From: Michael Schauerte (yk3mk3@MY.EMAIL.NE.JP)
Date: Tue Apr 24 2007 - 21:14:29 EDT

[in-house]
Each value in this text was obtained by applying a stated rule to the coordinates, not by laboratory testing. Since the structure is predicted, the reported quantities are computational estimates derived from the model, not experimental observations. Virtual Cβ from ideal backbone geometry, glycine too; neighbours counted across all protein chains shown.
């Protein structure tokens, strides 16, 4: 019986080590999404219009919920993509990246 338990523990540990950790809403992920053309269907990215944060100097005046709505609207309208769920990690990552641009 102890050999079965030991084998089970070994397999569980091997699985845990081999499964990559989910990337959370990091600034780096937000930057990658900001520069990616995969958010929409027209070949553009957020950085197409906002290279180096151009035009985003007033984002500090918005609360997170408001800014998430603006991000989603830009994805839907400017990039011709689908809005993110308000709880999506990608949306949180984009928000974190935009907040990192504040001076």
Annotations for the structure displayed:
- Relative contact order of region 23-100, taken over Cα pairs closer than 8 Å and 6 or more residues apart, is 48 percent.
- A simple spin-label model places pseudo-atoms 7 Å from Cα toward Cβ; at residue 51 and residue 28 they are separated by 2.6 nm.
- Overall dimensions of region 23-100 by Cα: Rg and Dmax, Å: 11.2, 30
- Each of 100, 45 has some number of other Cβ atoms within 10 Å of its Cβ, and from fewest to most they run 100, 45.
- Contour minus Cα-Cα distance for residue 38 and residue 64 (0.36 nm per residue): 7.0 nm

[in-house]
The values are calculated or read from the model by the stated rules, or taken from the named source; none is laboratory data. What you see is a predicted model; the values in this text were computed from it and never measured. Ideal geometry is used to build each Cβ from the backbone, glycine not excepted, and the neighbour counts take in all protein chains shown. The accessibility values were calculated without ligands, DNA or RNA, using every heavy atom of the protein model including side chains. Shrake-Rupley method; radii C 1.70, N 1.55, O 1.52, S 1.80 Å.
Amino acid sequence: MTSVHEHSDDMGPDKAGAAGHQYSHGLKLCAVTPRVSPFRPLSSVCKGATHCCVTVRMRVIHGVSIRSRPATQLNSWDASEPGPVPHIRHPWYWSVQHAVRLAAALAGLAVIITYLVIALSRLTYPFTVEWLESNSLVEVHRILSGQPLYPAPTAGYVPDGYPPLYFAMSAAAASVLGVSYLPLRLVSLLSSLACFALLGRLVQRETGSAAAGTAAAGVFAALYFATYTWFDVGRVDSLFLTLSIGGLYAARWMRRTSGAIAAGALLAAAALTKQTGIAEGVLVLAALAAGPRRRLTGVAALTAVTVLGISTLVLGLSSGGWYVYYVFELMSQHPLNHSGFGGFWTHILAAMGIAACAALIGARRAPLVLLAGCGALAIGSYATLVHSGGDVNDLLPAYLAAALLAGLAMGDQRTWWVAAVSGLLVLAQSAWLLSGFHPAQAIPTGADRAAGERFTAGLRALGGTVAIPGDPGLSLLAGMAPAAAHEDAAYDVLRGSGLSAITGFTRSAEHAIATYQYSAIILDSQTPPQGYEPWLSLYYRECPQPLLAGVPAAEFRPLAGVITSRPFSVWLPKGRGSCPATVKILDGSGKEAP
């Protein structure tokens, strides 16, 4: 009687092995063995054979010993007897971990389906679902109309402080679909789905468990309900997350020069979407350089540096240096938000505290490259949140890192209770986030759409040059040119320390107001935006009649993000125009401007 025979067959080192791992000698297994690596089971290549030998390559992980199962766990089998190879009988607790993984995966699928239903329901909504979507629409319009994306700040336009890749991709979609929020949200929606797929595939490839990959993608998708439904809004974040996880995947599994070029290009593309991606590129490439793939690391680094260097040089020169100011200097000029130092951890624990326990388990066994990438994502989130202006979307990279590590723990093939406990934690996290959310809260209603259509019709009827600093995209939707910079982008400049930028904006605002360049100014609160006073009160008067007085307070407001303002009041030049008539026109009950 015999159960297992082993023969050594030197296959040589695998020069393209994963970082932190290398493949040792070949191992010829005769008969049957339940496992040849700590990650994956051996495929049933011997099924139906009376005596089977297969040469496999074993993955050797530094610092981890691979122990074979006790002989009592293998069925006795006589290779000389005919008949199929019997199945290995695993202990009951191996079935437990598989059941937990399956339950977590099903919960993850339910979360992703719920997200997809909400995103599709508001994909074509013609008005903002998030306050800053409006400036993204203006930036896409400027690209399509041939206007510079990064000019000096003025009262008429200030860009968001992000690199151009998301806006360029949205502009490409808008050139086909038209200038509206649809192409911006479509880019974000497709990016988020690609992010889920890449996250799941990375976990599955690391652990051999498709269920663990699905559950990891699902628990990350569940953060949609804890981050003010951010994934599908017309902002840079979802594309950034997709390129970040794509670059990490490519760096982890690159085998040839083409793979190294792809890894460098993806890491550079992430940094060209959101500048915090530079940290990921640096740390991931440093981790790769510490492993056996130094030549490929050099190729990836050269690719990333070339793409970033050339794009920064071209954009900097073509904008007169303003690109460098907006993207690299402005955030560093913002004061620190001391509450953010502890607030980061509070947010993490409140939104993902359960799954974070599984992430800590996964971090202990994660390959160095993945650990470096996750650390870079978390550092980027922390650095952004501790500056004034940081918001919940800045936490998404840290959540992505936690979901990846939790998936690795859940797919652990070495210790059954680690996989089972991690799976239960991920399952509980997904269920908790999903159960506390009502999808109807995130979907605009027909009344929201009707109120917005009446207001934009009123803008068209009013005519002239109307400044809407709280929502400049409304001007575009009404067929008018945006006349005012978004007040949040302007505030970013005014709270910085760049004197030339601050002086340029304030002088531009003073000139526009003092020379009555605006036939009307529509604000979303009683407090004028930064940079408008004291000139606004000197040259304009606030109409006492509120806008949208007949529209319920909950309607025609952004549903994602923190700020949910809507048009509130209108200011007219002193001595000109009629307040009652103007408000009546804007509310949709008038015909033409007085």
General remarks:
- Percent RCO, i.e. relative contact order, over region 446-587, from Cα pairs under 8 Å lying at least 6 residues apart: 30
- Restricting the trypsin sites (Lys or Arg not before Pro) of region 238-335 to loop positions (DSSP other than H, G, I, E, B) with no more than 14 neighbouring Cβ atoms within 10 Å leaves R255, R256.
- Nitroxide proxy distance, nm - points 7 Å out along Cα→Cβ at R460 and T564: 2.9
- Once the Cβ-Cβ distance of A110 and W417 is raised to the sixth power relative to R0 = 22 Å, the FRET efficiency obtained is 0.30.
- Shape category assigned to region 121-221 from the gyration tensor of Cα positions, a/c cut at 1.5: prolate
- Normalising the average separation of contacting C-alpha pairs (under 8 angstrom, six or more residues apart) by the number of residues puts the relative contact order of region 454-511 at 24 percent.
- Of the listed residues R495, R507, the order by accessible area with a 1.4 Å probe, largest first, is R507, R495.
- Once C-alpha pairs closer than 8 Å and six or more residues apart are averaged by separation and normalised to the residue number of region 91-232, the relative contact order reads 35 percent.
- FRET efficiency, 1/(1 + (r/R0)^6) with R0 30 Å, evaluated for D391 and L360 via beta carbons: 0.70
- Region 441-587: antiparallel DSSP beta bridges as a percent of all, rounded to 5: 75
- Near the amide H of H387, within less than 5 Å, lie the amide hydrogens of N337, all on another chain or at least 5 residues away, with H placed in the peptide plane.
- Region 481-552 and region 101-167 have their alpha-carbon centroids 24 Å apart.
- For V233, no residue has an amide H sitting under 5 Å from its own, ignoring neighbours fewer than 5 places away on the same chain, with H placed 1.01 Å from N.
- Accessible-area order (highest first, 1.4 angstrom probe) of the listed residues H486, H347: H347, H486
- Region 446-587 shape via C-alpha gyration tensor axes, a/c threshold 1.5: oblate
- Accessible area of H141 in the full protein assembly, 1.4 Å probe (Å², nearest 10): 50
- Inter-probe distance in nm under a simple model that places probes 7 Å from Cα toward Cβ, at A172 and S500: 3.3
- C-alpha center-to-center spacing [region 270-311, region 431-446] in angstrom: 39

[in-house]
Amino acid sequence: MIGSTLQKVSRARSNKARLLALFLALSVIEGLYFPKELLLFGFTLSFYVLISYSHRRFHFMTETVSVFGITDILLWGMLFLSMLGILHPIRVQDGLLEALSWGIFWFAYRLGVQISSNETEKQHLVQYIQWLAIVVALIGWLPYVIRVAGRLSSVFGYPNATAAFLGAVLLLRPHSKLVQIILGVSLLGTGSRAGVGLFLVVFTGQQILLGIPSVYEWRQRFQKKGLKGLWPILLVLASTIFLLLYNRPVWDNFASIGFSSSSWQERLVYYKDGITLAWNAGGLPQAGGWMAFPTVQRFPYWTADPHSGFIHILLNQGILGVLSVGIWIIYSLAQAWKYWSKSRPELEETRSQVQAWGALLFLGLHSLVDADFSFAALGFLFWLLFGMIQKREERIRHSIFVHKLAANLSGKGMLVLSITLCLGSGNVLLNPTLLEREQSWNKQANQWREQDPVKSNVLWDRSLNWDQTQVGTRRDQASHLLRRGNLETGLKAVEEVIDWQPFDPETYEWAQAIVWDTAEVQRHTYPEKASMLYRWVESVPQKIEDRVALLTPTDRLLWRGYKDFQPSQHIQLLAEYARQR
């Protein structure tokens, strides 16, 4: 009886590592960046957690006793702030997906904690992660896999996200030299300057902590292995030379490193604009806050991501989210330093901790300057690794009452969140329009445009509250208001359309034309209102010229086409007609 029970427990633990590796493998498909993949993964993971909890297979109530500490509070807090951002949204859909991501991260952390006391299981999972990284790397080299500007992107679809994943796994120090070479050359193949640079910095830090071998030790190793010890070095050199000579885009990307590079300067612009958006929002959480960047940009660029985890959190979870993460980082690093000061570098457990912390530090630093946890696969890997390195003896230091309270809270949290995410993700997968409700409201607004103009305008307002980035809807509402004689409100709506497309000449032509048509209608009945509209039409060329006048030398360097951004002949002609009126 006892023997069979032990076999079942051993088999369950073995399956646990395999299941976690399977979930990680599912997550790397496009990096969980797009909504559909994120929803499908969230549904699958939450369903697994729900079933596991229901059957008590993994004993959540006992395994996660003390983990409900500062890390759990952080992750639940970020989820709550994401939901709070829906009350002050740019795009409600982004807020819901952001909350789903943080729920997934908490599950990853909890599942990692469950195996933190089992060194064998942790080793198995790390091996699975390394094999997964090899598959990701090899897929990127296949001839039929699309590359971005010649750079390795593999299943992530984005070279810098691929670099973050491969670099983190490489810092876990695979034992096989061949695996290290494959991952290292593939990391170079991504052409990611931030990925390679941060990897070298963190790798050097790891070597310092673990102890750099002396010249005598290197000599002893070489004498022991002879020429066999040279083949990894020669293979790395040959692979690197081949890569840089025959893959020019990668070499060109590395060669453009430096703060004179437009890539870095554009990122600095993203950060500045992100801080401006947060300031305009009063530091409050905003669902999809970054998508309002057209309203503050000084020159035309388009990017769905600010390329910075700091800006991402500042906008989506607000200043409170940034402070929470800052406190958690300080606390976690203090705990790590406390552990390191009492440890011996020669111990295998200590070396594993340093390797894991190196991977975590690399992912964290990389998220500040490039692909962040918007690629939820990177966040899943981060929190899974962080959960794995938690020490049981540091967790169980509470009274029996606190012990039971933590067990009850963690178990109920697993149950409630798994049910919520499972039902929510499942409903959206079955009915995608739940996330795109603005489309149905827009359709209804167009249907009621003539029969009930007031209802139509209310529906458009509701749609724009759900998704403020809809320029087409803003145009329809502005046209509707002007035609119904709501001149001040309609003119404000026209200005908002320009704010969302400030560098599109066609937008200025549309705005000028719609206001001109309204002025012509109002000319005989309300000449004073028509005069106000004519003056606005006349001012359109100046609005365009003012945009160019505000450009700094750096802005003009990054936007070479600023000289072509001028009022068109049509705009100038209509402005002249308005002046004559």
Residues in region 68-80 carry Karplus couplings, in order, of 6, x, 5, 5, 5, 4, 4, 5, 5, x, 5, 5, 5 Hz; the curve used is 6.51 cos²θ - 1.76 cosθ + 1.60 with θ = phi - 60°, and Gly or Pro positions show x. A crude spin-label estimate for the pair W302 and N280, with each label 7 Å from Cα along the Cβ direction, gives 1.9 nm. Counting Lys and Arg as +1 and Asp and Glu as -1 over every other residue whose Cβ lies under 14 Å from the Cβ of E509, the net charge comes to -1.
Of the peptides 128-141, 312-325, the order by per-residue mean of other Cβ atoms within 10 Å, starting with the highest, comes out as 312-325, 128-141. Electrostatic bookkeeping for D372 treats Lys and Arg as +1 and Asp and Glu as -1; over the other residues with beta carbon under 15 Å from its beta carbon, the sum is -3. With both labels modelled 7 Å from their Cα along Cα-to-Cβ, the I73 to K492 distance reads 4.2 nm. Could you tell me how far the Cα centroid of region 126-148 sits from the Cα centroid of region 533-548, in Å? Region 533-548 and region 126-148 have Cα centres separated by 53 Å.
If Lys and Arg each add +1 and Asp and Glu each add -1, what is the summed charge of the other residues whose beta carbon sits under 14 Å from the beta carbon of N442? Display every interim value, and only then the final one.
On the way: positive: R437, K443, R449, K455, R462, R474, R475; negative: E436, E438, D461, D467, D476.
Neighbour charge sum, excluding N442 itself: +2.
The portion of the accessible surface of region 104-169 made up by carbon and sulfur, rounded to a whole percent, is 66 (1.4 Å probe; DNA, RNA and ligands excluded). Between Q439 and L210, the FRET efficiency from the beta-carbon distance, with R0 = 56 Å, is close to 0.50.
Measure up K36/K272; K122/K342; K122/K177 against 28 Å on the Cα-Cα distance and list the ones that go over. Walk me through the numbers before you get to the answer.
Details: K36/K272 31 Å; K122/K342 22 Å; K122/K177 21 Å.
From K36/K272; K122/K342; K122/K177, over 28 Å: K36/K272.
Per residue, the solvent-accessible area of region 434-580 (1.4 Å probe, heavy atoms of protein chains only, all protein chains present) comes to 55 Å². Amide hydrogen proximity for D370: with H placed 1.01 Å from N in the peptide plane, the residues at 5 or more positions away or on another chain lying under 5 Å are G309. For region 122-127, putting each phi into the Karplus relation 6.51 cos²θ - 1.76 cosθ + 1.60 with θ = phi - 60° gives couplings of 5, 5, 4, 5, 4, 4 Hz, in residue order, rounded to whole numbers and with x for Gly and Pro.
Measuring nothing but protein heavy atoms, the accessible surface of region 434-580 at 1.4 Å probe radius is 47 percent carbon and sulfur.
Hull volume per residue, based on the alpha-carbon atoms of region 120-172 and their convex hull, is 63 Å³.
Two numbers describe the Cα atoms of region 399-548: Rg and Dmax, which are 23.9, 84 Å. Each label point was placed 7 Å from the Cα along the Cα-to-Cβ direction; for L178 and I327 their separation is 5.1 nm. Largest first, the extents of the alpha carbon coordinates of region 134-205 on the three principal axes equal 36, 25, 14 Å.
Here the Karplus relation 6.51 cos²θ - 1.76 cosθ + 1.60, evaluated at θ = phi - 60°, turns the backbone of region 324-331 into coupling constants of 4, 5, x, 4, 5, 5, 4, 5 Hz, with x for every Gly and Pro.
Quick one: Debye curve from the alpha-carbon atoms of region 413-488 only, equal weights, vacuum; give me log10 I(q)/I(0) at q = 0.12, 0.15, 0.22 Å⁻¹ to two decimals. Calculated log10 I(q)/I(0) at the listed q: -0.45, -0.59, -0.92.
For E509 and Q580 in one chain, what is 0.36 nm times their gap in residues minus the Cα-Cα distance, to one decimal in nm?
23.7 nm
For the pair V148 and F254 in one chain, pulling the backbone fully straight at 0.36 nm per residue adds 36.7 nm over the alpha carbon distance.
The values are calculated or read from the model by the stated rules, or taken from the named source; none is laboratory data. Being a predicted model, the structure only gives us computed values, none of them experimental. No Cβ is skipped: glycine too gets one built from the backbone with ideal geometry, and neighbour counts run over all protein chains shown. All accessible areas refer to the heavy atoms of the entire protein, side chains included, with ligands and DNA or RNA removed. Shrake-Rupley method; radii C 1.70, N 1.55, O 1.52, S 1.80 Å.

I should have added the following paragraph that precedes the longer passage from Kuruma I pasted in my last email: Generally speaking, the value of a commodity is always expressed through the use-value of another commodity that is posited as equal to it; which is to say, in the form of a thing. Developed further we arrive at the money-form, the form of price that is actually visible, where the values of all commodities are expressed in the form of a certain quantity of gold. We express the values of all commodities as gold of such-and-such yen, but the term "yen" is originally the unit-name for the weight of a certain amount of gold qua money. Under the Coinage Law in Japan, yen was the name given to 2 fun (0.750g) of gold money. In other words, yen, in terms of being gold of such-and-such yen, is nothing more than a quantity of gold expressed using this weight unit-name yen that is only used in the case of money, taking the place of usual weight unit-names, such as the measurement units fun (0.375g) and momme (3.75g) used in Japan. It is through this quantity of gold that the value of a! commodity $B!= (Jits value character and magnitude of value $B!= (Jis expressed in reality. Here we have the riddle of money. A quantity of gold qua thing expresses the value of a commodity. But what exactly makes this possible?
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